Metis Remembrances

Updated: Sep 14

Below are two stories found in an old copy of the Bureau of Indian Affairs news sheet "Indians at Work" - a publication that was printed for Bureau of Indian Affairs employees and for members of the US Congress to read about the progress made on the various Indian reservations under the administration of the BIA. This copy, from February 15, 1937, offers two separate stories regarding the Metis at Turtle Mountain. The first story is in regards to how the Turtle Mountain Reservation got its name, and the second is about the Red River Carts used by the Metis in the 19th century.

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HOW TURTLE MOUNTAIN RESERVATION IN NORTH DAKOTA GOT ITS NAME


The origin of the name " Turtle Mountain" has three local explanations . The first was given by Ka-ne-na-to-wake-chin (Mirage) , a very old Indian who sat in his lodge smoking his kinikinick. He said : "Long , long ago a party of Chippewa Indians saw a big , a very big turtle climbing up the east slope over there. They told the 'Metis' and now everybody call it Montagne du Tortu Turtle Mountain."


Corbet Bercier, another old-timer, after saying that the mountains have always been called "La Montagne du Tortu" probably because there were so many turtles in the lakes , laughed and said : "There is another reason. Many years ago three McGillis men, Corbet, Jerome and another, all big men, found a big turtle near the west end of the mountain toward the Souris (Mouse) River. He was so big; they all stood on his back and when another man lit a fire under the turtle's back end, the turtle walked off with the three men. So they call this place 'Turtle Mountain.'"


However, most of the old-timers here seem to agree that the name comes from the general outline of these highlands as seen from the Canadian side - the head of the turtle near Deloraine, Canada, the tail near Rolla, North Dakota.



RED RIVER CARTS


The old Red River carts and the buffalo are linked in the minds of most of us with the romance of pioneer days in the Dakotas.Today it is impossible to obtain any of the carts which saw actual service in the old days, but there are several of the old-timers still living who made use of them and there are a few who manufactured them in the old days. Among these is Louis Allery, a French-Chippewa, born in 1885 at White Horse Plains in Manitoba.


As a boy Mr. Allery went on hunting trips with his father with the cart trains. They made their winter homes on the Red, Assiniboine, or Pembina Rivers and worked at making new carts during the winter months. These they sold for about $20.00 each. Mr. Allery followed the trade of cart making until the introduction of wagons put the cart out of business.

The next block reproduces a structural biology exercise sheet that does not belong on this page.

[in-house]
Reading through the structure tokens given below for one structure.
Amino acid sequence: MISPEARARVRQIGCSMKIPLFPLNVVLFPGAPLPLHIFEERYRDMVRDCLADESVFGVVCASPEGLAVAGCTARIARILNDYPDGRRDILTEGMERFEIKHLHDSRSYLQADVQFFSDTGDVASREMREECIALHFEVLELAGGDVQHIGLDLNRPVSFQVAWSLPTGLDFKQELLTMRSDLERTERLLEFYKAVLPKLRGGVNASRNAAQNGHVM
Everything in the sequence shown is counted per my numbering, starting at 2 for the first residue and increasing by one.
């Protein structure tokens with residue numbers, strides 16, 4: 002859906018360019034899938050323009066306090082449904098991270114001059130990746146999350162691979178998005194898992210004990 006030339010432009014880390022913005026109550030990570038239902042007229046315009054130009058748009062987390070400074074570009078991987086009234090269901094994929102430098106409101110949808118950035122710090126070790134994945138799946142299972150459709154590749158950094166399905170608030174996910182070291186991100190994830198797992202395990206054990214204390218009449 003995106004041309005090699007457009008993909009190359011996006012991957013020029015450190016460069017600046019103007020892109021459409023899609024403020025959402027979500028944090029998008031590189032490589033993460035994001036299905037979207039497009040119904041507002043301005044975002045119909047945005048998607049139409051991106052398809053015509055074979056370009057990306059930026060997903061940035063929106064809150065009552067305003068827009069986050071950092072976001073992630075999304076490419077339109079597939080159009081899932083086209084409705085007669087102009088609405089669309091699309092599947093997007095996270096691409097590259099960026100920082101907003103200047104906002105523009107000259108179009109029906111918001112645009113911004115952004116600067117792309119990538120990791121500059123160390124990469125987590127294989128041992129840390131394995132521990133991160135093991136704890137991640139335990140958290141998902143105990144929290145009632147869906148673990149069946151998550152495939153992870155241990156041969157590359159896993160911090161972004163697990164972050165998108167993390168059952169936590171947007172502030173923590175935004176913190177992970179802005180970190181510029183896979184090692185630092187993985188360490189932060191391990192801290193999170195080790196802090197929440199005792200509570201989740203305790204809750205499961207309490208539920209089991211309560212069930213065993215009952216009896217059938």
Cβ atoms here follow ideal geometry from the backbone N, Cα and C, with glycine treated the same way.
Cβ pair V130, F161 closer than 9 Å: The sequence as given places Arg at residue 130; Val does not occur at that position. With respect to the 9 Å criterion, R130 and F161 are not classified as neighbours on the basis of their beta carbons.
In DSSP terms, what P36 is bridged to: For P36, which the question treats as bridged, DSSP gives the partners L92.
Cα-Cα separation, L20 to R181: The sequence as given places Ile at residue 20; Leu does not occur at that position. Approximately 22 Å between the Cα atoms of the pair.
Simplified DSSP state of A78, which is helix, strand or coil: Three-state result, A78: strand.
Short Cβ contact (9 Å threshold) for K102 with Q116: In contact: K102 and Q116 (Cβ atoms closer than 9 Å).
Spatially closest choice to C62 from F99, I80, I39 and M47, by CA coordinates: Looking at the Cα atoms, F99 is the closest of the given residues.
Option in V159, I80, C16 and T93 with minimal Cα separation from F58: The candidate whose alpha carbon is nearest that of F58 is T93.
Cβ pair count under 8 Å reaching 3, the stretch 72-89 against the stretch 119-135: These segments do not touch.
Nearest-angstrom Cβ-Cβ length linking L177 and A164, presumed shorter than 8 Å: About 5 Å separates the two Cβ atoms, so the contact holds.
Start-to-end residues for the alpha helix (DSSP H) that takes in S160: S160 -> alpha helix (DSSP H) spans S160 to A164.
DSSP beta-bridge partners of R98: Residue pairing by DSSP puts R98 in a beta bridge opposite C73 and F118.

Albert Laviolette is also an expert cart builder. Mr. Laviolette is one of the real old-timers and makes his home at St. John, North Dakota. Mr. Dana Wright, an officer of the State Historical Society of North Dakota has been instrumental in having two of these carts placed where they will be preserved - one at the State Museum and one at the Pembina Airport . Both were built here in the Turtle Mountains; the one for the Pembina Airport by Mr. Allery; the one for the museum by Mr. Laviolette.


The original Red River carts were developed in the Pembina settlement over a hundred years ago . Previous to this the canoe and the travois had been the only means of transportation . The products of the buffalo hunt were too weighty for these limited means of transportation so necessity mothered the invention of the Red River cart. In making these carts only the simplest tools were available; an axe, an auger, a chisel and sometimes a home-made draw shave which was made of a gun barrel . Solid wheels were made by cutting off sections of logs.


The hubs were made of elm if possible to obtain it and the wheels were of oak. These were fastened together with wooden pins. Sometimes the wheels were wrapped with tough buffalo hide called " laganappe " to make a sort of tire. The shaves and body were of light wood but the sticks on the side were made of oak.


REFERENCE


Indians at Work, Feb 15, 1937. US Bureau of Indian Affairs, Washington, DC. USGPO.


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